In 1871, the centre of the Omineca mining district shifted from Germansen Creek to the Manson Creek district. Manson Creek lies roughly eight miles to the southeast of Germansen. Manson Creek is a relatively small stream, comprising about one-third the volume of water of Germanson Creek, and about fifteen miles long.
Manson Creek flows into Manson Lake through a range of steep hills with numerous small gullies, from which a number of small tributaries feed the creek. Black Jack Gulch, Lost Creek, Myers Creek, Slate Creek, Nugget Gulch and Kildare Creek are all of this nature. These small streams provided a ready supply of water for sluicing.
Much like the Cariboo, bedrock was well below the surface. The gold on Manson Creek was discovered by Robert Howell, a former Royal Engineer, on July 5, 1871. Digging a ditch and building a sluice from a tree, he washed out about 2 ounces of coarse gold in two hours. He formed a company and started cutting lumber for his sluices.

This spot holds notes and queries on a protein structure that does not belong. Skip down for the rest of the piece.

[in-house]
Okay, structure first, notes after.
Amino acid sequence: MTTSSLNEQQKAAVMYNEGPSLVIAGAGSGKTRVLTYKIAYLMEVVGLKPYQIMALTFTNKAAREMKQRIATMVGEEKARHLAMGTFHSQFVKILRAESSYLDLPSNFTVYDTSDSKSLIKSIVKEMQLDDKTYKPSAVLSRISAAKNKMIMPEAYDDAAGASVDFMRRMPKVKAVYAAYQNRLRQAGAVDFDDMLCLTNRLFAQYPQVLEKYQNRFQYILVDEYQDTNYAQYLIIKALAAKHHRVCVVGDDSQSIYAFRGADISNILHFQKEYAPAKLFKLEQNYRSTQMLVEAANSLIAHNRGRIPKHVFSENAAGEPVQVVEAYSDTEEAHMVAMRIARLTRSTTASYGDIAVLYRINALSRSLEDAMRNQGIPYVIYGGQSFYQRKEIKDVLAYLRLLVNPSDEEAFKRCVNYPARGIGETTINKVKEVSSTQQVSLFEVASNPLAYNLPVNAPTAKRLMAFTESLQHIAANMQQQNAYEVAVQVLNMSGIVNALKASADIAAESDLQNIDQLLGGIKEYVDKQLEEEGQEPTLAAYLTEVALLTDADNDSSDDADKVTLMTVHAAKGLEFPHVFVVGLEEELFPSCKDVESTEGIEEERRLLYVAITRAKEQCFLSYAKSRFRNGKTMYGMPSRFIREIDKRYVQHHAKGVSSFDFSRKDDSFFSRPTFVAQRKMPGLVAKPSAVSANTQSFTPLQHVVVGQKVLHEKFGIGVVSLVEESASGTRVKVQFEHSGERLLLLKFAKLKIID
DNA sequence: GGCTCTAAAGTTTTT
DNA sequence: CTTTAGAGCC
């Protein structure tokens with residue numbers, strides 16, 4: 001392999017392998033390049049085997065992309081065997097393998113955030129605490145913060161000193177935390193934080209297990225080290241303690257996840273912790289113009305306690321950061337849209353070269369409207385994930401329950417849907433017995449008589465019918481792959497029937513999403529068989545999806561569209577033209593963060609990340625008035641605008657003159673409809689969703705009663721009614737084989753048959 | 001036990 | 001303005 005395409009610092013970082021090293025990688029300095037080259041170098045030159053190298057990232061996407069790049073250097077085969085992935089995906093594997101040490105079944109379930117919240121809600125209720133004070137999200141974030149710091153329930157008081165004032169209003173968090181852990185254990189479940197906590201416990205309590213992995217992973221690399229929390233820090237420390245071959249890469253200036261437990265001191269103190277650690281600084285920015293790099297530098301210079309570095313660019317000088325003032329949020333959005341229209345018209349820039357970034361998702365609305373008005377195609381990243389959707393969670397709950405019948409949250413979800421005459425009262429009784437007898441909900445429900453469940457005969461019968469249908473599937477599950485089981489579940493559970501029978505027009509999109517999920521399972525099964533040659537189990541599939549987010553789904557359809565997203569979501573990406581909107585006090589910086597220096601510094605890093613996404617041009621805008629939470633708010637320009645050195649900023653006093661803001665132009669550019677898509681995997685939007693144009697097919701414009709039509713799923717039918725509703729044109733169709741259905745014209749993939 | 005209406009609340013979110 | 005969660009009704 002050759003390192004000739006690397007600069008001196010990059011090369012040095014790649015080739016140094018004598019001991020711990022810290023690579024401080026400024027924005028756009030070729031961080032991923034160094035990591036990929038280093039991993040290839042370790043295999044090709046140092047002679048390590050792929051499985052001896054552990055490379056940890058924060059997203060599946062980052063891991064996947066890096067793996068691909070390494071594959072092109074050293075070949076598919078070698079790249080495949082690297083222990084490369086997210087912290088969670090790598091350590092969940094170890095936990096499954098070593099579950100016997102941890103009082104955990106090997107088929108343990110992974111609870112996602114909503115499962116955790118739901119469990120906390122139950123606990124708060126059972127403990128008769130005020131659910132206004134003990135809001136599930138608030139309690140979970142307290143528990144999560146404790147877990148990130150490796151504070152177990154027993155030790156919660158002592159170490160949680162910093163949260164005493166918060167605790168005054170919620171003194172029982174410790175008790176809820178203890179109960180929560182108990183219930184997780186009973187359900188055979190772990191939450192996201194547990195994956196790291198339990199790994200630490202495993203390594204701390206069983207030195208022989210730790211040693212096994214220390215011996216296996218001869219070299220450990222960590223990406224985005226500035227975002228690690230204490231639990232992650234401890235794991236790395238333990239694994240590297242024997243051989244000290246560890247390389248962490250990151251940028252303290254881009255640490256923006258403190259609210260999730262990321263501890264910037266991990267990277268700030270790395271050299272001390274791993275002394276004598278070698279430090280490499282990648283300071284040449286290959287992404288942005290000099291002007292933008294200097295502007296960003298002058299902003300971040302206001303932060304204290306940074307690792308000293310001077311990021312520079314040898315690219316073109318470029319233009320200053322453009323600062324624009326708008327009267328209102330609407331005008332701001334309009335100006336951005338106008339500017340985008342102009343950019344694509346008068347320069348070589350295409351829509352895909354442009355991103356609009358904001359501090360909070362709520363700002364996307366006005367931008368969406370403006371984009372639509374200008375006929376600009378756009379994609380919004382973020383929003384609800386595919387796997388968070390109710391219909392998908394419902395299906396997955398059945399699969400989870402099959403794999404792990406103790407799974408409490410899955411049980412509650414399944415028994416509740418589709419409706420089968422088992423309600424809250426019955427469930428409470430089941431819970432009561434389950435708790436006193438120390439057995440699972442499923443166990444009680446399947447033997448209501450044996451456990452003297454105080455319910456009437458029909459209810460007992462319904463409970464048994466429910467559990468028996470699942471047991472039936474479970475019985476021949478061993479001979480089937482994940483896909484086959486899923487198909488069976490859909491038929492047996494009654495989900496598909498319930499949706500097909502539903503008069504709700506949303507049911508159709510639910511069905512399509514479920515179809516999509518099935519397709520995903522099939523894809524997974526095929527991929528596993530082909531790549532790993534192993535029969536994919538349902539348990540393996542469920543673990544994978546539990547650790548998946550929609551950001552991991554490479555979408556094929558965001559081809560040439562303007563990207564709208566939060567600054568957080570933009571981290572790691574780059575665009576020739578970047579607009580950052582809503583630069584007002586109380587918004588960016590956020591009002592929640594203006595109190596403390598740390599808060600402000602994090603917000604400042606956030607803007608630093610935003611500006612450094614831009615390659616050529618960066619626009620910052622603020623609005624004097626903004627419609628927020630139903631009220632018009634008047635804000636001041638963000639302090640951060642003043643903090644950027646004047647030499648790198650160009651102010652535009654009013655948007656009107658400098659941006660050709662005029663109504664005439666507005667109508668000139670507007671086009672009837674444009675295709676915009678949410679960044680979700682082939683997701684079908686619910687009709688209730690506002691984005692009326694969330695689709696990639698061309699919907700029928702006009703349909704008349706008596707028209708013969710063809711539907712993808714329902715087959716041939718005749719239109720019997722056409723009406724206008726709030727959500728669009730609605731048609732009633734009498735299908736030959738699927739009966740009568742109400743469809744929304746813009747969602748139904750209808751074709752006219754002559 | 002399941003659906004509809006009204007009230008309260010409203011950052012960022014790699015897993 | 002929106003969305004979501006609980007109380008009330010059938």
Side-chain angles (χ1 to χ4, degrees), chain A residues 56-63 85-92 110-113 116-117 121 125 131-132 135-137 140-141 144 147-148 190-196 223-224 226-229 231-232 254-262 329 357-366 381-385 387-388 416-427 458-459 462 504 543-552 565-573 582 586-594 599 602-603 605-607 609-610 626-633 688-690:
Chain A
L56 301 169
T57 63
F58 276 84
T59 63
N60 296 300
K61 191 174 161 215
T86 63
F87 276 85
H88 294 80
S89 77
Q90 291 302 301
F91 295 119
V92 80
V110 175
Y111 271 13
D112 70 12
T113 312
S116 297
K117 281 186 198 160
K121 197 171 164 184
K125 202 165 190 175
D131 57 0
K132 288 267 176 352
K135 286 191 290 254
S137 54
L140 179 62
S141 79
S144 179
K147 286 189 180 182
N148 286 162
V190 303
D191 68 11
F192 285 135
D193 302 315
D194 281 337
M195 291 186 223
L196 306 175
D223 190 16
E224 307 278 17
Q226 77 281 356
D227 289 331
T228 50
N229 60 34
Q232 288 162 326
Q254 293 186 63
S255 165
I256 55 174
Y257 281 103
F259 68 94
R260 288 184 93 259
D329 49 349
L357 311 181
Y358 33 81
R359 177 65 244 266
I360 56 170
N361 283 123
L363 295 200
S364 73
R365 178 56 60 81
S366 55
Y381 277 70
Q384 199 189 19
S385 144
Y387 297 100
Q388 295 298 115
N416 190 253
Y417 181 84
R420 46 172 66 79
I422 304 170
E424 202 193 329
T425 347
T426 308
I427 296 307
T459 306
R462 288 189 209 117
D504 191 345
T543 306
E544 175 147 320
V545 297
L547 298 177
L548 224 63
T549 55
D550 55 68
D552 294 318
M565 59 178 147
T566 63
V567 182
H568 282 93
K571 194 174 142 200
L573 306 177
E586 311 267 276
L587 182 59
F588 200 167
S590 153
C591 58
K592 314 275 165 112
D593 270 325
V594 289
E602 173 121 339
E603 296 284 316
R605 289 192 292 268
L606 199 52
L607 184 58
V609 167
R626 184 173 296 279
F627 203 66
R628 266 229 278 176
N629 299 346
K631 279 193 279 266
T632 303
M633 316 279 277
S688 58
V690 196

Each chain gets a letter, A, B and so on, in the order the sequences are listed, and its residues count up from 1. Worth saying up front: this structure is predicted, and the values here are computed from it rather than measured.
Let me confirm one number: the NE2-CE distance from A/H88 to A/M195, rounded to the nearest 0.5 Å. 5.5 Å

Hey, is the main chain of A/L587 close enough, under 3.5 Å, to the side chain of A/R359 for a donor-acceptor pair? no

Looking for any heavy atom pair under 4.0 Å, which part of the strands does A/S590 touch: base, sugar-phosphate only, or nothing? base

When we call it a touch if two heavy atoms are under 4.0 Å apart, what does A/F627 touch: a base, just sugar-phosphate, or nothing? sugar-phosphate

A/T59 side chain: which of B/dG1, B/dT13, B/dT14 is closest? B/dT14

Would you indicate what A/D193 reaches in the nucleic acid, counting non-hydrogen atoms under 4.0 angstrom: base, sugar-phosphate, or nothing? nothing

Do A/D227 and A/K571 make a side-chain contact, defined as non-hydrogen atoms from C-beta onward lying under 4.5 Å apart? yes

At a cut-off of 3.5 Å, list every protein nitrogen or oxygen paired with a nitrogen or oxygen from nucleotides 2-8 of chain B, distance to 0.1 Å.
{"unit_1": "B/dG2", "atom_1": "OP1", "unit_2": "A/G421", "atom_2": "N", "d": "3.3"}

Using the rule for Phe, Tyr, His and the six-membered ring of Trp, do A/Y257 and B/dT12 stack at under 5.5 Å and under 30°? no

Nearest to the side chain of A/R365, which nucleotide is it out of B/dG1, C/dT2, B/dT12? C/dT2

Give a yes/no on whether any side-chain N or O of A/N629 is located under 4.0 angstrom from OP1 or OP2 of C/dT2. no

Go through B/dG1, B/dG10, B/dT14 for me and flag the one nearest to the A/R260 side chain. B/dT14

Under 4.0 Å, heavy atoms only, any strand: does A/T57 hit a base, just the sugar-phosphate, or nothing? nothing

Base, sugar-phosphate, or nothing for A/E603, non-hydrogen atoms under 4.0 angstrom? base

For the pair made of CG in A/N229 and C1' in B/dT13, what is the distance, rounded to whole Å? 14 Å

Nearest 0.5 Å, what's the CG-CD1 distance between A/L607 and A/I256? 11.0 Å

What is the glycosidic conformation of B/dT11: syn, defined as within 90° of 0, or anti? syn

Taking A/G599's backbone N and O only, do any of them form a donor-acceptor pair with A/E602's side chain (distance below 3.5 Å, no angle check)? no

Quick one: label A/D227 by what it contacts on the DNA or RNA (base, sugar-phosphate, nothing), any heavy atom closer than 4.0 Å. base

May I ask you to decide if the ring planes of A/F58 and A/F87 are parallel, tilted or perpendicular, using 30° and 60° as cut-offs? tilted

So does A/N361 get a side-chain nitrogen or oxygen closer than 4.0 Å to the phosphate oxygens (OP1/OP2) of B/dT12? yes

The discovery on Manson Creek attracted about 200 other miners who found gold on the various tributaries of Manson Creek. However, the returns were generally poor. On Black Jack Gulch, “Black Jack” Smith, the discoverer, after an initial large return, made only two dollars per day working fifty feet of his claim. Shafts sunk to bedrock in various locations netted discouraging returns.
Two miners on Meyers Creek, sunk shafts to depths of thity-five and seventy-five feet, through blue clay, without any returns, or even reaching bedrock.
A few claims, however, paid very well. The Discovery Company on Lost Creek, took out an ounce per day, to the hand for most of the season by ground sluicing. The Irving Company, with five men, took out 192 ounces in five days.
Gravel on the benches of Manson Creek paid as much as an ounce per day to the hand. During 1872, the greatest number of miners in the Omineca Region was six hundred, four hundred and fifty of which were in the Manson Creek area.
Placer gold production from the Manson Creek region is mainly for the periods between 1874 and 1910, and between 1931 and 1945. The total amount recovered is reported to be 358,032 grams.